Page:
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Asiya’s Story

By Safia Begum

I know Asiya (name changed) for last three years. Though we met occasionally, we became very good friends. In all these meetings, I found her very funny and lively. Until my last meeting I never knew anything about her personal life, except that she is a working woman and has two daughters. When I was listening to her, I did not ask her any question as I was completely engrossed in her narrative. I just wanted to listen to the bits and pieces of her life.

 Asiya’s story, as told to Safia:

“My parents were divorced, when I was nine. My paternal grandfather was a school teacher in a government school. He passed away following a heart attack. My grandmother could not bear this loss and suffered a paralytic attack. The pension she received wasn’t enough as she had to take care of us, three sisters. My father was their only child. But my father used to drink and every week he used to be with a new woman, irrespective of faith and caste. Due to this behavior, my grandmother disowned him. She was worried as she was not able to take care of us properly and give us any proper education.

My mother got married again. When I went to live with her, her husband and in-laws started quarreling with her. My mother narrated this to her younger sister and she advised her to leave me at their brother’s home. That’s how I came to live with my maternal uncle. Once a week or fortnightly, my mother would come to see me.  Even for this, her husband would scold her and say, “Aha! You went to meet your daughter and bought her things. But you cannot give me a child.” My mother got sterilized after my third sister was born. My mother asked me to call her second husband ‘father’ but I refused.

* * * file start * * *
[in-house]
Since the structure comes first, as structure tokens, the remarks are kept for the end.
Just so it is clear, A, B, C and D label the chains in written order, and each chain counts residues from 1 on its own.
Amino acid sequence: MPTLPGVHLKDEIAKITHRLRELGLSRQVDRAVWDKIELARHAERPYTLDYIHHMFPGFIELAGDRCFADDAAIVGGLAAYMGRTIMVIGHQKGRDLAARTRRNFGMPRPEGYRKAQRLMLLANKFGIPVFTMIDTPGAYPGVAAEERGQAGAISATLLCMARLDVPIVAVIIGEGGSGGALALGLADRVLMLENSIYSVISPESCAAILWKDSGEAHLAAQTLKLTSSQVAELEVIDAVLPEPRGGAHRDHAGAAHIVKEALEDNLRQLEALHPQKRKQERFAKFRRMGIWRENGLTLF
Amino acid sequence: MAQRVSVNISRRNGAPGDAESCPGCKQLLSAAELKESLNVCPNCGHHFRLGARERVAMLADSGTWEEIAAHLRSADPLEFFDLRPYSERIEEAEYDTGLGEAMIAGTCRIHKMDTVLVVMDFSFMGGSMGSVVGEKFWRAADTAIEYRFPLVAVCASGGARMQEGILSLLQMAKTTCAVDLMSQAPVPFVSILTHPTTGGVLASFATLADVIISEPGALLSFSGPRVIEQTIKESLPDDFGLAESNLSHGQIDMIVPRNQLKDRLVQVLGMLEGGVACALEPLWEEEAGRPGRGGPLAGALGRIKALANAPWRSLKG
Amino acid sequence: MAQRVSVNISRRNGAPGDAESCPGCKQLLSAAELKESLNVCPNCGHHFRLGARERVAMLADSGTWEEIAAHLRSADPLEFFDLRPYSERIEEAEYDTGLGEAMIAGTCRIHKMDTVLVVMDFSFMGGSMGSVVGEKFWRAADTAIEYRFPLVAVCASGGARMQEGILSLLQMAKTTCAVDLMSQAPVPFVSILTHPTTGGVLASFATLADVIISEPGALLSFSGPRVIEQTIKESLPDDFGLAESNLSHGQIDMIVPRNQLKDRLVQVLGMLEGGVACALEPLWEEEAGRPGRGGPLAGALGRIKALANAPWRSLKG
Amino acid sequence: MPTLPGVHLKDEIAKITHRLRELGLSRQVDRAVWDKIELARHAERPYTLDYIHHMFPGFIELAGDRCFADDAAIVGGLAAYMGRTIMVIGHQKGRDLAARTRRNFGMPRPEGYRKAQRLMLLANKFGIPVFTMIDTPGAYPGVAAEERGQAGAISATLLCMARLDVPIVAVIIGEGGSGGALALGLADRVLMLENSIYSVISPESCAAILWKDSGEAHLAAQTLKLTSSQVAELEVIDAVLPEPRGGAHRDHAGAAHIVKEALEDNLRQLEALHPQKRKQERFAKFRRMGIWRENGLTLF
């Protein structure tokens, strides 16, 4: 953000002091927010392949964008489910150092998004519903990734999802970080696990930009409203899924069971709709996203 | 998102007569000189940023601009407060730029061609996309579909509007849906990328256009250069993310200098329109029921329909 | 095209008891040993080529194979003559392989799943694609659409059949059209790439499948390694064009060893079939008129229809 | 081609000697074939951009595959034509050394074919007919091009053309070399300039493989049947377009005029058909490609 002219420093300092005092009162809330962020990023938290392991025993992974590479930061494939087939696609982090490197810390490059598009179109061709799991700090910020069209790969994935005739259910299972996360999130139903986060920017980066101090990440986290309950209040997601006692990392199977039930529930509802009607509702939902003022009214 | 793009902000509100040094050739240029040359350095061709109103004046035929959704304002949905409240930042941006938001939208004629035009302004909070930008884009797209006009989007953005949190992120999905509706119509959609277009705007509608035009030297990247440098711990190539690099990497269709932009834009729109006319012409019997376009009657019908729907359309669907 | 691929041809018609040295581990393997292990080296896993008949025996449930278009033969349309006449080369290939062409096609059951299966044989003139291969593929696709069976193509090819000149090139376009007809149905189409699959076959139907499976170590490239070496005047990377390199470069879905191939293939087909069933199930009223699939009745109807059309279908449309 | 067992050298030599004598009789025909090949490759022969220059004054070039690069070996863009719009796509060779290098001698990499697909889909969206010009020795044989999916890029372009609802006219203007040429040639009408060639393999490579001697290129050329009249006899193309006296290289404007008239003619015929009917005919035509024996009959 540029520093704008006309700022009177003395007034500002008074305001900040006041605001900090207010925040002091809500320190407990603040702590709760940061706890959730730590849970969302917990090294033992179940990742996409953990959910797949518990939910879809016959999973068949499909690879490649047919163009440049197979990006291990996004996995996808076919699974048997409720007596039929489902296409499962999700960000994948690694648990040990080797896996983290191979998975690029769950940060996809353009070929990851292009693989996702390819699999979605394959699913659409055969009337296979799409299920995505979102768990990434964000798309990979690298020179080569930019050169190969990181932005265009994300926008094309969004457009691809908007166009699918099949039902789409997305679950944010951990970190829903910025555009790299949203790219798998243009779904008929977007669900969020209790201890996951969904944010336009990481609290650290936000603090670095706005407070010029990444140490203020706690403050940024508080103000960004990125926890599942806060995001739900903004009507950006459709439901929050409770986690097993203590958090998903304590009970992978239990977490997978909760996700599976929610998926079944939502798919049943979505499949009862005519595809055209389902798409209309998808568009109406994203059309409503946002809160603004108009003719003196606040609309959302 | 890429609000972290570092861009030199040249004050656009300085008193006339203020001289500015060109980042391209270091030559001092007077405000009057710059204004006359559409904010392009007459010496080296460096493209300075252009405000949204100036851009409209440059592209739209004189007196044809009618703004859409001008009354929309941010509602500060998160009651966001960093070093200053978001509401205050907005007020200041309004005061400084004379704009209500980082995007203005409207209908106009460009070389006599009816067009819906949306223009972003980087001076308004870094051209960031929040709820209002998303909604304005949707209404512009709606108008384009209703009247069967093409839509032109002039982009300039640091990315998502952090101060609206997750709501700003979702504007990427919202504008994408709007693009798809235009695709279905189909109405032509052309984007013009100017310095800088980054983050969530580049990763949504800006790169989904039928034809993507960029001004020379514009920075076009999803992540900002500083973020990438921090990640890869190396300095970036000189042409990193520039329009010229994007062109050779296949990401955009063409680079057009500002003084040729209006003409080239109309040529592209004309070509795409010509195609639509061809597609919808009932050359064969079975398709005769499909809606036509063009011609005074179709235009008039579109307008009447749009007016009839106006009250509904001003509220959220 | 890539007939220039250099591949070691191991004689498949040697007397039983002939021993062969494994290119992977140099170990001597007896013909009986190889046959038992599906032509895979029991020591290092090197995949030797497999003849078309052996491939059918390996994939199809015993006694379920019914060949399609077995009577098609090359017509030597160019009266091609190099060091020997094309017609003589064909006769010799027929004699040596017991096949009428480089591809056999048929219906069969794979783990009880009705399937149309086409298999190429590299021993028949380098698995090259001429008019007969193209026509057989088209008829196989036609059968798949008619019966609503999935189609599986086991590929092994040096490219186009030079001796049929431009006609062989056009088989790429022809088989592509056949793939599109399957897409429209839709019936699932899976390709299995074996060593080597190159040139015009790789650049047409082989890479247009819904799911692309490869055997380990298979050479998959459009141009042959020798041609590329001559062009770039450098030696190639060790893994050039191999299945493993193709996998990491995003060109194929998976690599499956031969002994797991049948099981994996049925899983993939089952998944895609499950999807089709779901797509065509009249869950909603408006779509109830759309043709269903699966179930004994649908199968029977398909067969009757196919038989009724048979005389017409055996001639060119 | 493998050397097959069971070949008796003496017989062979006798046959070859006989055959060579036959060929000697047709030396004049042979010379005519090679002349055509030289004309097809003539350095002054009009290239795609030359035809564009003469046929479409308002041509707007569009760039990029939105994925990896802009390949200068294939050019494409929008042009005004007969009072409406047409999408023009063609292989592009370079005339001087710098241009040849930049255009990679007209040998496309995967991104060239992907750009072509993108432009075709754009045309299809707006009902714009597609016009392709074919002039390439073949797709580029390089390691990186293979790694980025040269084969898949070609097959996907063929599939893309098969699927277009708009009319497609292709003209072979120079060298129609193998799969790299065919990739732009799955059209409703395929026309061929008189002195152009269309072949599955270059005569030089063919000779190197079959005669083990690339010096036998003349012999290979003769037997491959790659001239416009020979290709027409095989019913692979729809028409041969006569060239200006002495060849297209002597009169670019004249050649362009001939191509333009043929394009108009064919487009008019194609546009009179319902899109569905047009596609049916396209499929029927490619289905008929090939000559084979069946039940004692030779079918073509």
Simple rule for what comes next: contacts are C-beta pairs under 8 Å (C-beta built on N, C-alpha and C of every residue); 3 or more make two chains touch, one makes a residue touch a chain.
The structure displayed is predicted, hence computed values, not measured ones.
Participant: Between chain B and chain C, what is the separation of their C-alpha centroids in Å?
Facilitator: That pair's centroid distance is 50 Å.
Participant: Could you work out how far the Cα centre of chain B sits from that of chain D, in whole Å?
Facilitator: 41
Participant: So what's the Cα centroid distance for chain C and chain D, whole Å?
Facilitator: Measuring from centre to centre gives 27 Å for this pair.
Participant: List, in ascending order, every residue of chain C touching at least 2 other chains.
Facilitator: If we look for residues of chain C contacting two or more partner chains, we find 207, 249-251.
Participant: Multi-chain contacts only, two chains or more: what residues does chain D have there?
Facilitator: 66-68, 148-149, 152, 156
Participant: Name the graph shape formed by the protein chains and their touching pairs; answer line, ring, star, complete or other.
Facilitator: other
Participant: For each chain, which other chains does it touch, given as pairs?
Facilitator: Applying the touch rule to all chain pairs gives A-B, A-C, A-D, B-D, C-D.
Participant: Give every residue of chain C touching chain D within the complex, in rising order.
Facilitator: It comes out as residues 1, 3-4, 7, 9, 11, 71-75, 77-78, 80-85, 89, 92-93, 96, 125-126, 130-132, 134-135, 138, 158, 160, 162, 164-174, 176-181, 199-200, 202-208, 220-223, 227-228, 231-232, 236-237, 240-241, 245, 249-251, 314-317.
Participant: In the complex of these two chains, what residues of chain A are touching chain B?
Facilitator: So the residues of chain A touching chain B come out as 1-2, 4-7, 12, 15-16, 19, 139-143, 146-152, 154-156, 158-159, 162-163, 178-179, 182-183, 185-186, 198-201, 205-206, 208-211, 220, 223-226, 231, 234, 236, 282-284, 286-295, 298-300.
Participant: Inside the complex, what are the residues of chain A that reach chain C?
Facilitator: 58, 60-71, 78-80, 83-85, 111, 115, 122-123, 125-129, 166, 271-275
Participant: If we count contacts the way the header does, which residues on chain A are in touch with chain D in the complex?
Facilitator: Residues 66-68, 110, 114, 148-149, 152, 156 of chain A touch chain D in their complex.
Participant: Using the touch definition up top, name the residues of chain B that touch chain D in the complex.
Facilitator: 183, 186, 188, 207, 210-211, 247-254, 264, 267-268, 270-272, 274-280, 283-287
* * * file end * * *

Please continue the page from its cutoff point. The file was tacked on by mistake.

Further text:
I said, “I have only one mother and one father. I cannot call father whomever you marry.”

“I didn’t marry many times like your father. I am married only to this man,” she said.

My step-father was unhappy with my mother when she came to meet me because I didn’t consider him my father. Unknown to him, she continued to meet me. But whenever he came to know about it, he used to beat her.

Things were different during festivals and other important functions. While I lived at my uncle’s home, whenever Eid came, my father would take me back to his house. I would spend Ramzan with my uncle and Eid with my father or vice versa. I could never learn anything properly about Muslim culture. Three years passed this way and I was thirteen.

Once I went to attend my cousin sister’s marriage and I stayed with her. During the time I spent with them, I attended the local mosque for Arabic education. Here I met my husband. He used to come there to meet his Muslim friends. I liked talking to him because he would listen to all my problems. Occasionally we would go to the playground for sports. Since I was shuttling between my father’s house and cousin’s, I wondered about settling down with this man. I asked him whether he would like to marry me.

“Yes, I will but I am an orphan,” said he.

I thought it better as we could live together on our own. One fine day, I went away with him and   started living with him. We never married but lived together. I suspected that I might have been pregnant. I was not sure about it. He took me to a hospital for a check-up. There some of his relatives saw him and they informed me that he was not Muslim. When I confronted him, he said, “No.  They are saying all this because they are jealous of us.”